From Kurucesme, where once royal permission was needed to live, we go north to Arnavutkoy, famous for its strawberries. Next to the historic police station is Tevfikiye Mosque, built by Mahmut II in 1832. Since the Bosphorus current is at its strongest here, the mosque is also known as Akinti Burnu (Cape of the Current) Mosque. It is built over a basement floor, with masonry walls and a wooden roof. There is a portico, royal gallery, and horologe room.
Next, we come to Bebek, one of the most popular places to live on the Bosphorus. Bebek Mosque was initially built in 1725 by Damat Ibrahim Pasa and dedicated to Ahmet III. When it fell into disrepair, it was demolished and rebuilt in the early 20th century by Mustafa Hayri Efendi, director of pious foundations. The new mosque was designed by chief state architect Kemalettin Bey in the neo-classical Turkish style. It is a little mosque with a single dome and three-bay portico.
Our next stop is Kulle-i Cedide, better known as Rumelihisari. Here are two mosques of interest, the first Haci Kemalettin Mosque, otherwise known as the Carsi Mosque. This was originally a mescit (a small mosque not used for the Friday prayers and without a minaret) but converted into a mosque in 1743 by Mahmut I. It is a two-storey building with restaurants on the ground floor, masonry walls, and a wooden roof. In front of it is a fountain dated 1777. The second mosque here is Ali Pertek Mosque at the bottom of the hill opposite the old landing stage. Also known as Hamam Mosque, its founder was a Turkish sea captain, Pertek Ali Bey. Built of rubble stone, hewn stone, and brick, there is a fountain at the corner of the south wall known as Rakim Pasa Fountain.
Passing Baltalimani Mosque, whose original character was lost in 20th-century repairs, we come to Emirgan, famous for its park with pretty pavilions. This district is named after Emirguneoglu, who surrendered the Fortress of Revan to Murat IV in 1635 without a fight.
He was rewarded by the rank of pasa, and in Istanbul took the name Yusuf Pasa. Emirgan Mosque faces the famous spreading plane tree of Emirgan, under which writers and intellectuals used to gather for conversation in the 19th and early 20th centuries. It was founded in 1781 by Abdulhamid I in memory of his son Mehmet who died at an early age and his mother, Humasah Kadin. It was built on the site of the magnificent waterfront palace of Emirguneoglu Yusuf Pasa and rebuilt during the reign of Mahmut II. It is a square mosque with a wooden roof, and adjoining the eastern façade is a two-storey wooden hunkar kasri (royal pavilion used by the sultan when he visited the mosque). The horologe room next to the fountain is now occupied by a snack bar.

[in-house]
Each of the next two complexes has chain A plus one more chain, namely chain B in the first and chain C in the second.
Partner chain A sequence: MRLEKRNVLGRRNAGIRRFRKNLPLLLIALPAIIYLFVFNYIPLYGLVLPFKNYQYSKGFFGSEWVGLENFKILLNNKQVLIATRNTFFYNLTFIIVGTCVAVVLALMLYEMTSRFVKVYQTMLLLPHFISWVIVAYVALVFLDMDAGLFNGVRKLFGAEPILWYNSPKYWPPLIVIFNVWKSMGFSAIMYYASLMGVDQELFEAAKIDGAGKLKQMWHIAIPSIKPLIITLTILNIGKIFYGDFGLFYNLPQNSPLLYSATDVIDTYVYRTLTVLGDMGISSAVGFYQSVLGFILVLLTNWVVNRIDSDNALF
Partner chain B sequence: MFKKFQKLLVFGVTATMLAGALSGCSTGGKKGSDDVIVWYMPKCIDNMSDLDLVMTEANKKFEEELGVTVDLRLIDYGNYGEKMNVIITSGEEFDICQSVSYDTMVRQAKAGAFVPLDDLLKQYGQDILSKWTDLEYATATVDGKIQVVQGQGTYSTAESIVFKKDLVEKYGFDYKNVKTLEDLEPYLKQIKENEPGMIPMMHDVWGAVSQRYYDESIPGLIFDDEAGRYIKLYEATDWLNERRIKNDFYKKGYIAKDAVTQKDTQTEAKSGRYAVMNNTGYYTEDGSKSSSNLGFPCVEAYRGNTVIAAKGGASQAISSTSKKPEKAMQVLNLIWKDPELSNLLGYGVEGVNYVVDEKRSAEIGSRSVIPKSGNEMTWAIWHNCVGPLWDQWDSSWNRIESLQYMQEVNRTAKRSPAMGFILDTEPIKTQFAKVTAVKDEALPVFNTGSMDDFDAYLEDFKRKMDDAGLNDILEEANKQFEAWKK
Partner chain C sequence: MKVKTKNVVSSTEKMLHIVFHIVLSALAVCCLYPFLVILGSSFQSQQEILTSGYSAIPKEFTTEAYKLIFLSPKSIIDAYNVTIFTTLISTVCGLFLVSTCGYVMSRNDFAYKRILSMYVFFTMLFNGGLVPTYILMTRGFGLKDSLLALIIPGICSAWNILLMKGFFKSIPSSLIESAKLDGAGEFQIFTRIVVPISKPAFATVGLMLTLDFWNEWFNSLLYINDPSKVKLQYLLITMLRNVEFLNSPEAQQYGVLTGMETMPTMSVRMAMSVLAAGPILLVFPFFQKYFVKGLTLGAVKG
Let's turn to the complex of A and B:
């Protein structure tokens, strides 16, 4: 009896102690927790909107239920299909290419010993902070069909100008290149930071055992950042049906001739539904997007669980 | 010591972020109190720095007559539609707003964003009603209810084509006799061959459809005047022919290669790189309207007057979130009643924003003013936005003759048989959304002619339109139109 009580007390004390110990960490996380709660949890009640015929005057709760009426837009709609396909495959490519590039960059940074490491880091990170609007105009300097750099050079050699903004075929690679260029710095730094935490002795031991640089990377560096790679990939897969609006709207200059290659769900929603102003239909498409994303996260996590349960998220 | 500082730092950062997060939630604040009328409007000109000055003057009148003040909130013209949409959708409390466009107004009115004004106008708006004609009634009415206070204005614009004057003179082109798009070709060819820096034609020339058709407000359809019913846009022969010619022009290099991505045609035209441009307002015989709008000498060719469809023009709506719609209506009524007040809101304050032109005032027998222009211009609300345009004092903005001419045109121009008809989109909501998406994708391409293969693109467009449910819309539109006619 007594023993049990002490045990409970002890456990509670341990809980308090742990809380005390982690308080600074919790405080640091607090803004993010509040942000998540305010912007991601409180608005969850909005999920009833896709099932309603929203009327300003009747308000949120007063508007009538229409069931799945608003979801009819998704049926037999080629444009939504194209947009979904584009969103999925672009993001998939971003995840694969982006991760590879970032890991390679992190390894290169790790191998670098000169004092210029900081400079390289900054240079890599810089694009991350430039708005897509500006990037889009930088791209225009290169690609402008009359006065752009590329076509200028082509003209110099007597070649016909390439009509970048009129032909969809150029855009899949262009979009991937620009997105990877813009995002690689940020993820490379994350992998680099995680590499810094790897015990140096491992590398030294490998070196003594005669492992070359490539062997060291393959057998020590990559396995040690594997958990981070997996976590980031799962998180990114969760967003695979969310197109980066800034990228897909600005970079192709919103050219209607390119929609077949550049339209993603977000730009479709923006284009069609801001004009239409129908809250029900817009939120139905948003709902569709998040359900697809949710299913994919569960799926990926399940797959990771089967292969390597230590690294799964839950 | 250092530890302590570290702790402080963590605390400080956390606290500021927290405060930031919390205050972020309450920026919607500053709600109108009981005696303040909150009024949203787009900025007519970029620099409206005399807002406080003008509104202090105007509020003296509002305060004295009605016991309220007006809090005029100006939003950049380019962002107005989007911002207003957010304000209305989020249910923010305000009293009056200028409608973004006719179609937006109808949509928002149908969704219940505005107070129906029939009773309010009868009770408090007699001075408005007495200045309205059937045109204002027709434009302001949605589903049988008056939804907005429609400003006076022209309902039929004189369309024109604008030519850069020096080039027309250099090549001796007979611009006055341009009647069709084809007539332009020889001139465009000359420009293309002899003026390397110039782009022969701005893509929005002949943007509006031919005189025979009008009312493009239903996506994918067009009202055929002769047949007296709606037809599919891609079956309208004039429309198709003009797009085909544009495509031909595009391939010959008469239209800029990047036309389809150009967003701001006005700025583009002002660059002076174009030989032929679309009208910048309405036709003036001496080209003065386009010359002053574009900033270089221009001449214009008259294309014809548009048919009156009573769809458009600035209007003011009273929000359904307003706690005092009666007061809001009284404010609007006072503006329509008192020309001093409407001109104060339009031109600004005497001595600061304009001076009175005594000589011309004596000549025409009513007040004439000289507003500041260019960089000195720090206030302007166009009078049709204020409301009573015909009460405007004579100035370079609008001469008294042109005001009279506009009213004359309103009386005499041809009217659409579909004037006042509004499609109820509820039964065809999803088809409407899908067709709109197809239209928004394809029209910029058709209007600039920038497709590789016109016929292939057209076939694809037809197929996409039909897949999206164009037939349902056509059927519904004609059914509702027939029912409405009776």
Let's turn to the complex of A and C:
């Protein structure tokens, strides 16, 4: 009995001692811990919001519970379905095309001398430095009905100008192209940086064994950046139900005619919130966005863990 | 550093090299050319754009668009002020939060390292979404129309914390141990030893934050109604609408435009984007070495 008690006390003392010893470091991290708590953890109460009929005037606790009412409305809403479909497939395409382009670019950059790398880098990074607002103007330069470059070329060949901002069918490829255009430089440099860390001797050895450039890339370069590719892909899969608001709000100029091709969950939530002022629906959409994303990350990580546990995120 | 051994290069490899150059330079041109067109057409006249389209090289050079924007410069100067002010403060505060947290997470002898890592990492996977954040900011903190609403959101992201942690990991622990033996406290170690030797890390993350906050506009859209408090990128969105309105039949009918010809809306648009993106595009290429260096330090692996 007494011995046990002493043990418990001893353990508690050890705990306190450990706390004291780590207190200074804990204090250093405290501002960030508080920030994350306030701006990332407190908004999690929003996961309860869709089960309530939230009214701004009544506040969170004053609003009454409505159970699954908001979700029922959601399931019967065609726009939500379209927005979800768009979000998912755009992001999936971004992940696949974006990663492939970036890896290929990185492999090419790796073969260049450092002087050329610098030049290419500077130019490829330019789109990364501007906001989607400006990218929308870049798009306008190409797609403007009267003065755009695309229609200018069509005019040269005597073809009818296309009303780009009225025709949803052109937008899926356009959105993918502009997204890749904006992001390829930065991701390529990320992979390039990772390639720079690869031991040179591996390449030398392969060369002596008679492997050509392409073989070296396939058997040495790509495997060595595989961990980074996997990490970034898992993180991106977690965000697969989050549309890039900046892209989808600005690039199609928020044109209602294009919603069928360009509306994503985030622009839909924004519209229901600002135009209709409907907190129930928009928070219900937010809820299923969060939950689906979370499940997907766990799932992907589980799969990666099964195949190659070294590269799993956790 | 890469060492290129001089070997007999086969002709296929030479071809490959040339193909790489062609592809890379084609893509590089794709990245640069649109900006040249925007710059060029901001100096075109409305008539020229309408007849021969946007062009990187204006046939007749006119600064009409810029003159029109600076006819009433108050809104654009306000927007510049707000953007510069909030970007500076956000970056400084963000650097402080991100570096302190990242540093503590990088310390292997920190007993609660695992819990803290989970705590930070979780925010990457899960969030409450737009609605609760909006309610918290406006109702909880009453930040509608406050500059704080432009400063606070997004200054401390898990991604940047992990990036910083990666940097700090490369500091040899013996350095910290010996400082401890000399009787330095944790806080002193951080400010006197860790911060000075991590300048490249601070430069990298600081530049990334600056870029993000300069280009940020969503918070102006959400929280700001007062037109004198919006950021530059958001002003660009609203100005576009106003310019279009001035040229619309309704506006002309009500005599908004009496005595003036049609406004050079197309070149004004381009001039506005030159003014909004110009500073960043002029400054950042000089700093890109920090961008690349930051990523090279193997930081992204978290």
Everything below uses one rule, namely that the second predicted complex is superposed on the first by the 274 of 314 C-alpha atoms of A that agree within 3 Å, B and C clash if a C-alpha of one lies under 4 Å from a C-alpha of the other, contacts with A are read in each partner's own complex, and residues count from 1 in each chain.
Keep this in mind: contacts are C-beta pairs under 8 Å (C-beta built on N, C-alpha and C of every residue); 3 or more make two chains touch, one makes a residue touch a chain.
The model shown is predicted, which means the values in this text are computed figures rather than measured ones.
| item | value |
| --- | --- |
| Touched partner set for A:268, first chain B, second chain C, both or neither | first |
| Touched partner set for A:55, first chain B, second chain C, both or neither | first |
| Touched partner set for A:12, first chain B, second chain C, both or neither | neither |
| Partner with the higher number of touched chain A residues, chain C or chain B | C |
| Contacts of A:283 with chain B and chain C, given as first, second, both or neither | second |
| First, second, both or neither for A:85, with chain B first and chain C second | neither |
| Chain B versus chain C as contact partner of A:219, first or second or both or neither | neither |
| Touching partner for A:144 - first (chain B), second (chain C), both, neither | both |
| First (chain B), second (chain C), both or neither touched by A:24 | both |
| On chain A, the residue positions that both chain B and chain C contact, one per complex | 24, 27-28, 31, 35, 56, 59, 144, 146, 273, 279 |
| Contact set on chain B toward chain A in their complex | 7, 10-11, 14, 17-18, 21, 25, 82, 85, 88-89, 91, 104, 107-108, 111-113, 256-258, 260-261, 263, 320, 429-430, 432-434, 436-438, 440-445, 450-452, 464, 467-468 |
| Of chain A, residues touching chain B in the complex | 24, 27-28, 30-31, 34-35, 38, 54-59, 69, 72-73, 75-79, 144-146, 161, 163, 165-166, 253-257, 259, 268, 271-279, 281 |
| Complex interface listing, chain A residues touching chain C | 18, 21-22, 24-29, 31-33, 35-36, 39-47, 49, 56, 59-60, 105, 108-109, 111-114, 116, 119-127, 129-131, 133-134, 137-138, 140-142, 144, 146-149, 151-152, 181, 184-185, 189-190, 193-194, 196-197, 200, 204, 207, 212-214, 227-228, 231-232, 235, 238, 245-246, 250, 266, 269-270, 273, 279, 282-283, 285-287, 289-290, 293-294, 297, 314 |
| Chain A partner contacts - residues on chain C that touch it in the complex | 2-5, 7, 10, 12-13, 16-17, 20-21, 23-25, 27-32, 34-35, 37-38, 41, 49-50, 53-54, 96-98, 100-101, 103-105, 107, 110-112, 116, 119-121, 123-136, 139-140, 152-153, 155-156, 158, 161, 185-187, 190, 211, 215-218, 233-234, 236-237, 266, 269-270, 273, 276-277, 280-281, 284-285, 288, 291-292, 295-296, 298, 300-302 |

A little further on, we come to the deep bay of Istinye, once known as the Little Golden Horn, where there were shipyards in Ottoman times. Today there are modern motorboats and yachts moored all around the bay, overlooking, which is Mahmut Cavus Mosque.
Beyond Istinye is Yenikoy, a pretty and prosperous village since the eighteenth century. The name ‘new village’ was given by Sultan Suleyman the Magnificent in the 16th century. One of the loveliest mosques here is Osman Reis Mosque near the quay, founded by sea captain Osman Aga. After being repaired on numerous occasions, it was rebuilt entirely by Ahmet Arif Pasa in 1903 and is regarded as one of the most charming examples of neo-classical Turkish architecture. The interior walls are covered with stenciled decoration.
In Buyukdere, where long centuries ago, the crusader army is said to have camped in the shade of no more extended extant great plane trees, there are two buildings we should see. The first is the 16th-century Cerrah Mahmut Efendi Mosque on Cayirbasi Caddesi. This masonry walled, wooden roofed mosque has a fountain in its graveyard wall built in 1783 by High Admiral Cezayirli Hasan Pasa. The second mosque of interest here is Kara Kethuda Mosque. From the shore, only the minaret and part of the roof are visible through the trees.
This two-storey mosque has masonry walls and a wooden roof. The mihrab niche is decorated with Kutahya tiles. Extensive alterations have been carried out over the years. Sariyer, famous for its pastries, puddings, and ice-cream, is the last stop on our tour. This district has always been a popular summer retreat, with its green woods and meadows, clean air, and therapeutic spring water. Ali Kethuda Mosque was repaired in 1720 by Maktul Mehmet Aga. When the new coastal road was built on piles along this part of the Bosphorus a few years ago, the mosque lost its position on the seafront. It is a rectangular building with masonry walls and a wooden roof. As we look at the lovely view from Sariyer landing stage for the last time and prepare to wend our way back, we can remember what Huseyin Cahit said of the Bosphorus: ‘We should experience this place as a land of poetry and dreams, in the scenery and customs of its past and life.’
Want to know more about the religion in Turkey as well? Check this link and let us know if you would be interested in touring some other off-the-beaten places in the country.